For a moment, it looked like a ray of negativity might finally have broken through the easy-going fog of her eternal contented smile, and she seemed to look hurt. She said, ‘Things still matter to me. It matters that you’re happy and healthy.’
  ‘And what about you? Why don’t you want to be happy and healthy anymore? Why would you let people walk all over you for the sake of my happiness?!’
  He was becoming frustrated, his heart rate rising. He felt like he was shouting into a void, receiving answers so mystifying that they might as well have never come.
  ‘I don’t mind. I’m just glad she’s well. As long as you’re happy, and Alison is happy, and those beautiful children are happy, then I’m happy too.’
  Very suddenly, he lost control of his frustration, and grabbed her by the shoulders. He shook her, not violently, but enough to shock the smile off of her face. ‘Why have you lost your spark?’ He yelled, his voice cracking and choking, ‘Where is my wife?! Is she in there or not?!’
  When he was done, he recoiled from her, as if he had burned his hands on her skin. He looked down at them like they had grabbed her on their own, and he was wondering how he could get them under control. He stood and he shook and he felt so ashamed, so sickened by himself and his actions. He wished he had never invited his daughter to the house, wished he could go back and decide not to start this conversation.
  He wanted to hold his wife, to apologise for what he had just done and said; but when he looked up at her, she was smiling once again. She had already forgiven him, already forgotten what he had done. This woman was not his wife – his wife would never have let him go that far, would never let him live it down if he had.
  He stomped out of the room, and out of the front door.

‘You’re through to Deborah. How can I help?’
  He cleared his throat. ‘Hello, I’d like to make a return please.’
  Deborah paused. ‘Erm, can I have your account number?’
  Ken propped his phone between his ear and his shoulder, shuffled through the wad of papers in front of him. ‘Yes, I have it somewhere here… here it is, it’s 0188291022-F.’
  ‘Thank you, let me just bring up your details here. Okay, Mr Webber, looks like you accepted delivery on 17th July, so nearly four months ago. I hope it’s all going well for you?’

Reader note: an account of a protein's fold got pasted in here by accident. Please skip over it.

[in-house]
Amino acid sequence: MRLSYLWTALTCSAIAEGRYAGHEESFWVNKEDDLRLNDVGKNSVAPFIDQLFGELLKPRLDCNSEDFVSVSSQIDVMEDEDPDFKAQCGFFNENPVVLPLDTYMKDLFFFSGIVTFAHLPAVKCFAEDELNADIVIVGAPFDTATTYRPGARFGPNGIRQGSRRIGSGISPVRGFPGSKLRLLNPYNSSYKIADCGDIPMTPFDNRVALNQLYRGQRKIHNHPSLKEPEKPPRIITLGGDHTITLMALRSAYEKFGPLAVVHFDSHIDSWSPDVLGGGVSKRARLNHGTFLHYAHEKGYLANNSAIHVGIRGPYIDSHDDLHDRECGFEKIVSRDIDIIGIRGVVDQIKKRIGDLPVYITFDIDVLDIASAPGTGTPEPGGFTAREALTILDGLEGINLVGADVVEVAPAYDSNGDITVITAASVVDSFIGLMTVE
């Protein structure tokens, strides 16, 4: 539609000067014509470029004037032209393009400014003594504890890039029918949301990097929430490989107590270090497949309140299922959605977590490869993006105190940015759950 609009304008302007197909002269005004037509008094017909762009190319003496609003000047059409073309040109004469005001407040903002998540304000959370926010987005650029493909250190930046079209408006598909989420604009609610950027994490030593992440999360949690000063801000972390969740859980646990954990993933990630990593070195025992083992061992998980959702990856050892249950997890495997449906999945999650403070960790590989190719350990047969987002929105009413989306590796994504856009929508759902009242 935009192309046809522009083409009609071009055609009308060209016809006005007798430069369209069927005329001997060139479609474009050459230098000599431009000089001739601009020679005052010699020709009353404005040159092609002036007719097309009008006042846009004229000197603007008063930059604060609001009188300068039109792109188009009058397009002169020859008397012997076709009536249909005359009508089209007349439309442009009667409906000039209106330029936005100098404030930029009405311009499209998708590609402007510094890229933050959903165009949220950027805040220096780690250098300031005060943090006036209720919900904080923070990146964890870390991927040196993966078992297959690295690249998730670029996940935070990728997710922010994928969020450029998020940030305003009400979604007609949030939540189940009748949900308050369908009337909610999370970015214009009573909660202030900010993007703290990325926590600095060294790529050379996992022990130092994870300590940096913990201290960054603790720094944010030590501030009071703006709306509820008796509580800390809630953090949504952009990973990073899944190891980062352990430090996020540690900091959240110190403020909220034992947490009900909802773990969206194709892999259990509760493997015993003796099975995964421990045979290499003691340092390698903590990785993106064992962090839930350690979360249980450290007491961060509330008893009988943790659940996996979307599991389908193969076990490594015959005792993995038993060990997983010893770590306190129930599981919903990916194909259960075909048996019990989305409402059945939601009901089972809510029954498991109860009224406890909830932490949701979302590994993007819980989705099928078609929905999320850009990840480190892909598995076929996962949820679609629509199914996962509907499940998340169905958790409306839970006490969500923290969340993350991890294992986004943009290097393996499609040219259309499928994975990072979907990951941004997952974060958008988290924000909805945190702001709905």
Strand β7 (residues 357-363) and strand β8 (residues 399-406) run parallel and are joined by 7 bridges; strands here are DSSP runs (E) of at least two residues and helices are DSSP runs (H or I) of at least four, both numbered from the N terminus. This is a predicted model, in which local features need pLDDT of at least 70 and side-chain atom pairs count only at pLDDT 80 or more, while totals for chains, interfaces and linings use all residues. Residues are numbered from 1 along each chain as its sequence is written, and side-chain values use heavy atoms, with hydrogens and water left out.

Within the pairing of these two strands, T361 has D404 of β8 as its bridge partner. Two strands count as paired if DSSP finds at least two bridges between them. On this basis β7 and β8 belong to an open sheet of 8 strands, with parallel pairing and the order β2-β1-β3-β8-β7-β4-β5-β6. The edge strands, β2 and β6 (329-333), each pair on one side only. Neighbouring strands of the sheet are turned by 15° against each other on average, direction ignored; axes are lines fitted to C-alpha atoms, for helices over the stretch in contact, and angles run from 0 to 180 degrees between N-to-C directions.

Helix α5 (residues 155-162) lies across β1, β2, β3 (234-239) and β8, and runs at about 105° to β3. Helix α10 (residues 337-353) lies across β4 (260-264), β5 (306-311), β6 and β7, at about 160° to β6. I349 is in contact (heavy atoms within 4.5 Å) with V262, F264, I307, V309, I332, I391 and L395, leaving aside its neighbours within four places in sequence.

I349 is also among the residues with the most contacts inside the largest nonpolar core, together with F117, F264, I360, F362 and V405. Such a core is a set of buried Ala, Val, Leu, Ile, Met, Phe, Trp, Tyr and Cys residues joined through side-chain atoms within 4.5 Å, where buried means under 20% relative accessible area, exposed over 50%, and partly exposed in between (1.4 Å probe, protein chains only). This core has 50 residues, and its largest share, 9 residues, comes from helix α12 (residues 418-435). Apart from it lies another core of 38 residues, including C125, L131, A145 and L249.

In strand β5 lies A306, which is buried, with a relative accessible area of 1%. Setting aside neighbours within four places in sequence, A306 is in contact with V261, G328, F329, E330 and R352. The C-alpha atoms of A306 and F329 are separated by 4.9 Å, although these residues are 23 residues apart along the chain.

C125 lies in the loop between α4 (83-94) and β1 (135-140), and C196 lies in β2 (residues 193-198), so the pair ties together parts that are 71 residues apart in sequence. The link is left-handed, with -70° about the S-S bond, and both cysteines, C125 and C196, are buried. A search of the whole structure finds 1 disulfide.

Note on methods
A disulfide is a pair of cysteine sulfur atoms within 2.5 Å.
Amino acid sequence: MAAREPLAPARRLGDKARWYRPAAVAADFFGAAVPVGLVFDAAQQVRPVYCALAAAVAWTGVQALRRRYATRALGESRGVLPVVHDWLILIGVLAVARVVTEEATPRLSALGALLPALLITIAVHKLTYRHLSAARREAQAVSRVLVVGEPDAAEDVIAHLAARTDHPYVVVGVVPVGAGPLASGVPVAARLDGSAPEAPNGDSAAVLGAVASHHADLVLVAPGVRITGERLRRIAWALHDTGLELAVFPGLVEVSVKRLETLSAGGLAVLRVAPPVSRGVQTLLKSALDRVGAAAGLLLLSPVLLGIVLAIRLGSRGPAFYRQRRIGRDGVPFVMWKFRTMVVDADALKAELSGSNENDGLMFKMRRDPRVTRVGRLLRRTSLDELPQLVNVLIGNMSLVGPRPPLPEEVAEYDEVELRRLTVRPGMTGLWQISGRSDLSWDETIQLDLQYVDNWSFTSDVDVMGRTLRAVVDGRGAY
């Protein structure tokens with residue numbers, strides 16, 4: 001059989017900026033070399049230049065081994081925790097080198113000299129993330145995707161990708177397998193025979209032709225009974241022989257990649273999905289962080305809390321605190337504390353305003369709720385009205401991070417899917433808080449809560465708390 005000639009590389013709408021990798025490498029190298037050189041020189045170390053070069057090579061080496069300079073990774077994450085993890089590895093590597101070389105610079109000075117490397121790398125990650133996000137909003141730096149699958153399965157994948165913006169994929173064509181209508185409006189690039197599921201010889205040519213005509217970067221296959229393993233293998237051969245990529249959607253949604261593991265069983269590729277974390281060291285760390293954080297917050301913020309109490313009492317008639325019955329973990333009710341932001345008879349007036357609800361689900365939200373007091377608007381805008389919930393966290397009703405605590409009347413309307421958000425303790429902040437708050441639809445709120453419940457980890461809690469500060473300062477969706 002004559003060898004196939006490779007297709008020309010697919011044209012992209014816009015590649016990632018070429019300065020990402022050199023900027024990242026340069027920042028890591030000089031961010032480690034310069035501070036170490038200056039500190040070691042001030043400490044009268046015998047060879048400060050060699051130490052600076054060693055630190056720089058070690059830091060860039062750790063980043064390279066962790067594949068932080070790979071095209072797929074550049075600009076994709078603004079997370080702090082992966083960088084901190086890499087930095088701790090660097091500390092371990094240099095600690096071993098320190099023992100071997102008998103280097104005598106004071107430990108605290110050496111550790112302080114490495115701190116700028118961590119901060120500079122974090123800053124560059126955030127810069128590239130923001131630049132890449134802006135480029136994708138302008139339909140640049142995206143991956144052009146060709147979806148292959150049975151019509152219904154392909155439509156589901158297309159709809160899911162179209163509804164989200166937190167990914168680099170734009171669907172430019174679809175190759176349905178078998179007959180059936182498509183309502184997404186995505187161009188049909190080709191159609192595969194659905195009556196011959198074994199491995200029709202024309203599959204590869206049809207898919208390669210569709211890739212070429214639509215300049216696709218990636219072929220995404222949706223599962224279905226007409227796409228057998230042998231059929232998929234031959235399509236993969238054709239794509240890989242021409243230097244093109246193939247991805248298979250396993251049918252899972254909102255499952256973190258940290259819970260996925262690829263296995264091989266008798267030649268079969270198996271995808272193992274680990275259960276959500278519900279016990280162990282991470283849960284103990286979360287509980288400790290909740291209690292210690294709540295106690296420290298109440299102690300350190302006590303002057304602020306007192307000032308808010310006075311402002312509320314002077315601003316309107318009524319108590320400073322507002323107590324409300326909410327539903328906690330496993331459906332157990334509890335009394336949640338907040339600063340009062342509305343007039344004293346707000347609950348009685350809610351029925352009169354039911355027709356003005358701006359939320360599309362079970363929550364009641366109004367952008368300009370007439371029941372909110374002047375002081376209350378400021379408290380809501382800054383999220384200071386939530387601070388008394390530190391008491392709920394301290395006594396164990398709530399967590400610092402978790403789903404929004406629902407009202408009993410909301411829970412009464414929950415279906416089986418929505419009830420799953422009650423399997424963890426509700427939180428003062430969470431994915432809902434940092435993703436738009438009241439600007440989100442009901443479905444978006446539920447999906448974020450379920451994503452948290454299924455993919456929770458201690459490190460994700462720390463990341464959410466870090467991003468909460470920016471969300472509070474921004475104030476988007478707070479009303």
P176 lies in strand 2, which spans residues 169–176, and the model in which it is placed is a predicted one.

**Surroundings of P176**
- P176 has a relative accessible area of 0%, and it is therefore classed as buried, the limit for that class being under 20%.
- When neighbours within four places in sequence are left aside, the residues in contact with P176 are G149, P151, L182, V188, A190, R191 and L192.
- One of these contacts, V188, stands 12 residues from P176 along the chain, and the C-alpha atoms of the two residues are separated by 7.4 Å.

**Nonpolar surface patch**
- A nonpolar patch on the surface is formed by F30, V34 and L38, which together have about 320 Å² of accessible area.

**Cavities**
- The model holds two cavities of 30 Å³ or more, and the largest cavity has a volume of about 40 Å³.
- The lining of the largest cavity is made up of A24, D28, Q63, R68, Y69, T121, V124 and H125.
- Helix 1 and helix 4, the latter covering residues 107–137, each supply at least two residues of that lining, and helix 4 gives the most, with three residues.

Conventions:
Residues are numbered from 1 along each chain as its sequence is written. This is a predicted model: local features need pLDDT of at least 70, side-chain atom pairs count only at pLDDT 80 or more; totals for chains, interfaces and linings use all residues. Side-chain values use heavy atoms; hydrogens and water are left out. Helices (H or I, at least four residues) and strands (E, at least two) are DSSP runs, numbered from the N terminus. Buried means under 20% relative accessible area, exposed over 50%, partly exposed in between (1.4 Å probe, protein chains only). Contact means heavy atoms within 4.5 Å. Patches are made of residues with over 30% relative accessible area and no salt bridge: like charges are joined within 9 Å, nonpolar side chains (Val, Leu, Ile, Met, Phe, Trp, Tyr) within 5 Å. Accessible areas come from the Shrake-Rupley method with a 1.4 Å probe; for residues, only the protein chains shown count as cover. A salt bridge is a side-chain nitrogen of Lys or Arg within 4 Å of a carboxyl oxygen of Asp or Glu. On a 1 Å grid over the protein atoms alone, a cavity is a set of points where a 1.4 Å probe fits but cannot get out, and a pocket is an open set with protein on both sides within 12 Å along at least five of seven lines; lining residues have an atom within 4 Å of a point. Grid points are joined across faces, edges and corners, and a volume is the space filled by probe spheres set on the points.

Ken looked over his shoulder, checking that Lilly was not poking her head around the door of the shed. He knew she was out having lunch with Catriona, but still he lowered his voice to a whisper. ‘No, actually, it’s going very badly. I’d like to return her.’
  ‘Return her? Can I ask what the problem is, sir?’
  ‘She isn’t my wife.’
  ‘Sorry, Mr Webber, I’m not sure what you mean.’
  ‘This woman is not my wife. She’s nothing like her.’
  ‘I’m very sorry to hear that. Could you elaborate a little bit for me? Only, it says here you received a check-in call after a month and you were very happy with her. I have “strongly agree” marked against all the questions.’
  ‘Yes, well, that was before I knew that half her personality was missing. She used to have passion, get angry, give me attitude. Now she walks around with this… this… insipid smile on her face all the time. Nothing bothers her!’
  Deborah was tapping on her keyboard, clicking her mouse loudly. She took a long time to respond. ‘It says in your case notes that you both agreed in consultation that these personality traits could be removed. I see her signature on a statement saying that she doesn’t like these aspects of herself, and is happy for them to be omitted in the event of having to be brought back.’
  ‘Yes, I know what she said, I was there. But she’s not her without them. She’s not the woman I loved. She’s this pathetic… shell. I want her anger back, I want her to shout at me for leaving my slippers on the living room floor, I want her to spend half the day not talking to me because I didn’t put the rubbish out in time!’
  Deborah paused again. ‘I see. I’m sorry, Mr Webber, but there’s nothing we can do. She’s been operational far too long for reprogramming to be effective, and besides, we wouldn’t reintroduce traits that people have asked us to omit anyway. Not when they’ve signed them away.’
  Ken felt himself beginning to shout, all discretion forgotten. ‘Well then take her back! I want to return her!’
  ‘We don’t accept returns, sir.’
  ‘What do you mean you don’t accept returns?! Take her back! I don’t want her like this!’
  ‘Well, with respect, let me put it this way: what would we do with her?’
  ‘I don’t know. Destroy her. Recycle her parts. Whatever you want!’